During my long career in journalism, I interviewed hundreds of interesting people in many different walks of life, and that included a lot in the entertainment industry. Luckily, I saved many of the newspapers and magazines that contain my stories so I can share them again.

The Swayze family was a fascinating one. Most movie fans remember  Patrick Swayze and his wonderful movies, “Dirty Dancing,” and “Ghost.” I didn’t meet the famous Patrick, but I discovered the reason he was such a terrific dancer when I had a long talk with his mother Patsy. Then, a few years later, I interviewed his brother Don, also an actor. These stories were published in Southern California newspapers, long before Patrick passed away from cancer.

Patsy, Patrick and Lisa Swayze

Patsy, Patrick and Lisa Swayze


Dance was in Patsy’s blood and she passed that enthusiasm down to her five children. She was a dance instructor at the University of Houston and had her own Houston Jazz/Ballet Company. Patsy choreographed the John Travolta movie “Urban Cowboy” and all her children were in it. Don Swayze did some stand-in work in the film for Travolta. In 1980 the Swayze’s moved to Simi Valley, California, and Patsy started a dance studio there, and that’s where I interviewed her in 1989.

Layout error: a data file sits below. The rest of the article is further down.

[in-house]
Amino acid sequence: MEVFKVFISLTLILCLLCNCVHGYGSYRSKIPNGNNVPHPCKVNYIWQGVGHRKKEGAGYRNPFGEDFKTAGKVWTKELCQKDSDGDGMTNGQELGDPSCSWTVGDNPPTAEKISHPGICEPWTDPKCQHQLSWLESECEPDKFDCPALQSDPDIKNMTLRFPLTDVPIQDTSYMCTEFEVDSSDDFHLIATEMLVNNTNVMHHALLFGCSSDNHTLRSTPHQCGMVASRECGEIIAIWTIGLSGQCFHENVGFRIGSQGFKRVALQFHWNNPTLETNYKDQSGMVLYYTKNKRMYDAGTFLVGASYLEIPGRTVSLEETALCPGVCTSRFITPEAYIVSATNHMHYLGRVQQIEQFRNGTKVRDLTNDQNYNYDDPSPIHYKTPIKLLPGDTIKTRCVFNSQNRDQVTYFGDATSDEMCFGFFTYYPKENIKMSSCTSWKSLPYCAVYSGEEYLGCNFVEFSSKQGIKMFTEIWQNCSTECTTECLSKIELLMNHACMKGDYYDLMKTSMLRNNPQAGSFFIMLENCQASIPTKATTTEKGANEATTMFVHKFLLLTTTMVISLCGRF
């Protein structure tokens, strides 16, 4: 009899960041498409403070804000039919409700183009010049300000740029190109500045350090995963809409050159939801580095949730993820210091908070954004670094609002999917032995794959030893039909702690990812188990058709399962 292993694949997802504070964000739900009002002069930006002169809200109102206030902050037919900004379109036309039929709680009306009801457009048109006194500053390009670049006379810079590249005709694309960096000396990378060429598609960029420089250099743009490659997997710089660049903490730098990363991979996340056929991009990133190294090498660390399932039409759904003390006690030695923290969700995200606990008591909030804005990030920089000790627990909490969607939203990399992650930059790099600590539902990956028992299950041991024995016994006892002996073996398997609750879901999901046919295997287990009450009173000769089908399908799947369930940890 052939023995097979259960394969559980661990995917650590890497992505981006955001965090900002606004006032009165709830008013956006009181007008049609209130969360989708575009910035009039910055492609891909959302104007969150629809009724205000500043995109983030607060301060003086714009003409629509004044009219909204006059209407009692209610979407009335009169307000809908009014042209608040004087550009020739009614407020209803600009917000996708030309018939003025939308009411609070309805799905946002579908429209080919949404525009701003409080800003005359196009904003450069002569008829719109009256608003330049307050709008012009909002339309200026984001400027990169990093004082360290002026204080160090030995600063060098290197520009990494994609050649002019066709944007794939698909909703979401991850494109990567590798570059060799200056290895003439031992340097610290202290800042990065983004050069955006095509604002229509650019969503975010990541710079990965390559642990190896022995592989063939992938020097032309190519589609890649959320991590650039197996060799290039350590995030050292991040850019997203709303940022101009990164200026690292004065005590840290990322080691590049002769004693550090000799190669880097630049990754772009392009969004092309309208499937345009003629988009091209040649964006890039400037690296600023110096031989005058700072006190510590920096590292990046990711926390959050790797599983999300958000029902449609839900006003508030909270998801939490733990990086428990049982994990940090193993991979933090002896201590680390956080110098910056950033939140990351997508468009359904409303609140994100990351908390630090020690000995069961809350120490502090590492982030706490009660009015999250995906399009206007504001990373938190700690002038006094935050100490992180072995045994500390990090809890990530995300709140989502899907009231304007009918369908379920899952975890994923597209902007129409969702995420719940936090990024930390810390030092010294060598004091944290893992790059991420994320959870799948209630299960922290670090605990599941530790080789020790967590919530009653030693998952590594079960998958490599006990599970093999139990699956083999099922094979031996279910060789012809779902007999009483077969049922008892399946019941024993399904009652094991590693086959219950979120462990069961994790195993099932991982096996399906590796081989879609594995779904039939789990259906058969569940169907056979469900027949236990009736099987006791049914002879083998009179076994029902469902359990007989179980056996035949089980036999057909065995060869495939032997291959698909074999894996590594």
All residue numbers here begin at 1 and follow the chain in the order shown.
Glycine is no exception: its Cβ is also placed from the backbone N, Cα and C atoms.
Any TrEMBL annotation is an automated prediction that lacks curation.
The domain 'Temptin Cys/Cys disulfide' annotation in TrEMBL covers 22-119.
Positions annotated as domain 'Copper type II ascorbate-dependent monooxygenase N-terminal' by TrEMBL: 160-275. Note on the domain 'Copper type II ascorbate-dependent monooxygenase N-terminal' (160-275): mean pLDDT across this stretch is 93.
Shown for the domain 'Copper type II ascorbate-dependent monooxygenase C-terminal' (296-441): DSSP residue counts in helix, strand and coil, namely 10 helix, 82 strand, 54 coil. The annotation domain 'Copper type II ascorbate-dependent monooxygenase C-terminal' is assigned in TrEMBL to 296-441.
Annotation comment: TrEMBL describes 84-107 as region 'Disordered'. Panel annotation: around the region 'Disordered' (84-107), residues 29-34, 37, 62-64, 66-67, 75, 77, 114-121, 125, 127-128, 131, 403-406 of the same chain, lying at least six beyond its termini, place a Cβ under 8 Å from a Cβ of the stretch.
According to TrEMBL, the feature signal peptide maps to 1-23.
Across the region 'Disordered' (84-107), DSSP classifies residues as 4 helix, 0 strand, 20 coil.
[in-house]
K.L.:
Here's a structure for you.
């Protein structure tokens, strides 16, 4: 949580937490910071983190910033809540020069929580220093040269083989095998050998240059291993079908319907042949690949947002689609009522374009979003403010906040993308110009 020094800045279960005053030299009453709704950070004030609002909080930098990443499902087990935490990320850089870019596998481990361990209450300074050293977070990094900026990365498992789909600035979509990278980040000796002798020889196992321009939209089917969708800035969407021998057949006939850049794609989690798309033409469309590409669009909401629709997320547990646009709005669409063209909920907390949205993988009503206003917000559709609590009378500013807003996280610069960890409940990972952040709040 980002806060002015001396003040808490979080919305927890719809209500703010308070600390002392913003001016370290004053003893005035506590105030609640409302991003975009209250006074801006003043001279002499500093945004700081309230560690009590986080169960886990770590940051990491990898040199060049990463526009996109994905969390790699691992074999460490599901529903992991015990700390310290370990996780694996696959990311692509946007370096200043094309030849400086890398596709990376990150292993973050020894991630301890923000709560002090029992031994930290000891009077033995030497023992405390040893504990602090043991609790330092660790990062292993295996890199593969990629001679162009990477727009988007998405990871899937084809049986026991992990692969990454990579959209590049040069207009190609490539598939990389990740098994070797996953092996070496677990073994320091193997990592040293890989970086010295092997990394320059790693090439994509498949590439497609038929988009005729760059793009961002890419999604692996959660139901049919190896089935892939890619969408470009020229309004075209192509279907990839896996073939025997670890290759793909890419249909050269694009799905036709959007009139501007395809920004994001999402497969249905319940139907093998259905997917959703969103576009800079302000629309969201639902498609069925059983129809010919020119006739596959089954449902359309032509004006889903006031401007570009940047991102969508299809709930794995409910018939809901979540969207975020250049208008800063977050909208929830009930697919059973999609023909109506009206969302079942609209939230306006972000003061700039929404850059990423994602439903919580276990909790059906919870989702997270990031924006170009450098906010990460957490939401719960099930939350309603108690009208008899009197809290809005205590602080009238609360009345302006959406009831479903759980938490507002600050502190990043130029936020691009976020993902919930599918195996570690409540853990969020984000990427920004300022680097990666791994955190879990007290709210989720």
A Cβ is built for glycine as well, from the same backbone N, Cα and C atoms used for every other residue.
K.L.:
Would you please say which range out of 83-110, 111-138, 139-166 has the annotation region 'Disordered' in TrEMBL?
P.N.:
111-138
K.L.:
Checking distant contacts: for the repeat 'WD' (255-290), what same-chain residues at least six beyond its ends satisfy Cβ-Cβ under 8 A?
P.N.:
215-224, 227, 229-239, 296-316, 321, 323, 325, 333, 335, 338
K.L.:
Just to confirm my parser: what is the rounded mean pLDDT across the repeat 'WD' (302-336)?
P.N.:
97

She was very congenial and reminded me a lot of my mother, who had always been into physical fitness and dancing. My mom taught exercise classes when my parents retired in San Antonio. What impressed me the most about Patsy was her passion for helping people. She was pleased with her children’s success and declared, “A mother’s reward is knowing things touch your kids, that they are sensitive to other people’s feelings and needs. That spells success more than stardom.”

I met Patsy’s son Don when I interviewed him while he was playing a Civil War general in a play in Thousand Oaks. After having met his mother, I wasn’t surprised he was charming and friendly. He called himself an “adrenaline junkie,” and after hearing about his adventures jumping off tall buildings and towers, I was amazed he was still in one piece. He had done about 2,000 jumps by that point in the late 1990s. At least he used a parachute. Some of his jumps included a 900-foot tower in Las Vegas, Yosemite’s El Capitan and Half Dome.


Don Swayze

Don Swayze

In 1995 he wasn’t that lucky when he jumped off a Navy radio tower in San Diego; he even had three parachutes packed and it was only 600 feet high. He jumped at 3 a.m. after taking 45 minutes to climb the tower (he’d jumped it 80 times already). The square parachute opened the wrong way and he hit the ground going 80 mph and then “bounced back up.” He had his cell phone but the 911 operator didn’t believe him at first and then they took an hour to find him.

He had to overcome 50 fractures, 40 of them in his left foot. He also broke his left femur and his pelvis. That wasn’t the end of the repercussions, which included a month in the hospital, 12 surgeries, a bone infection and metal hardware in his body.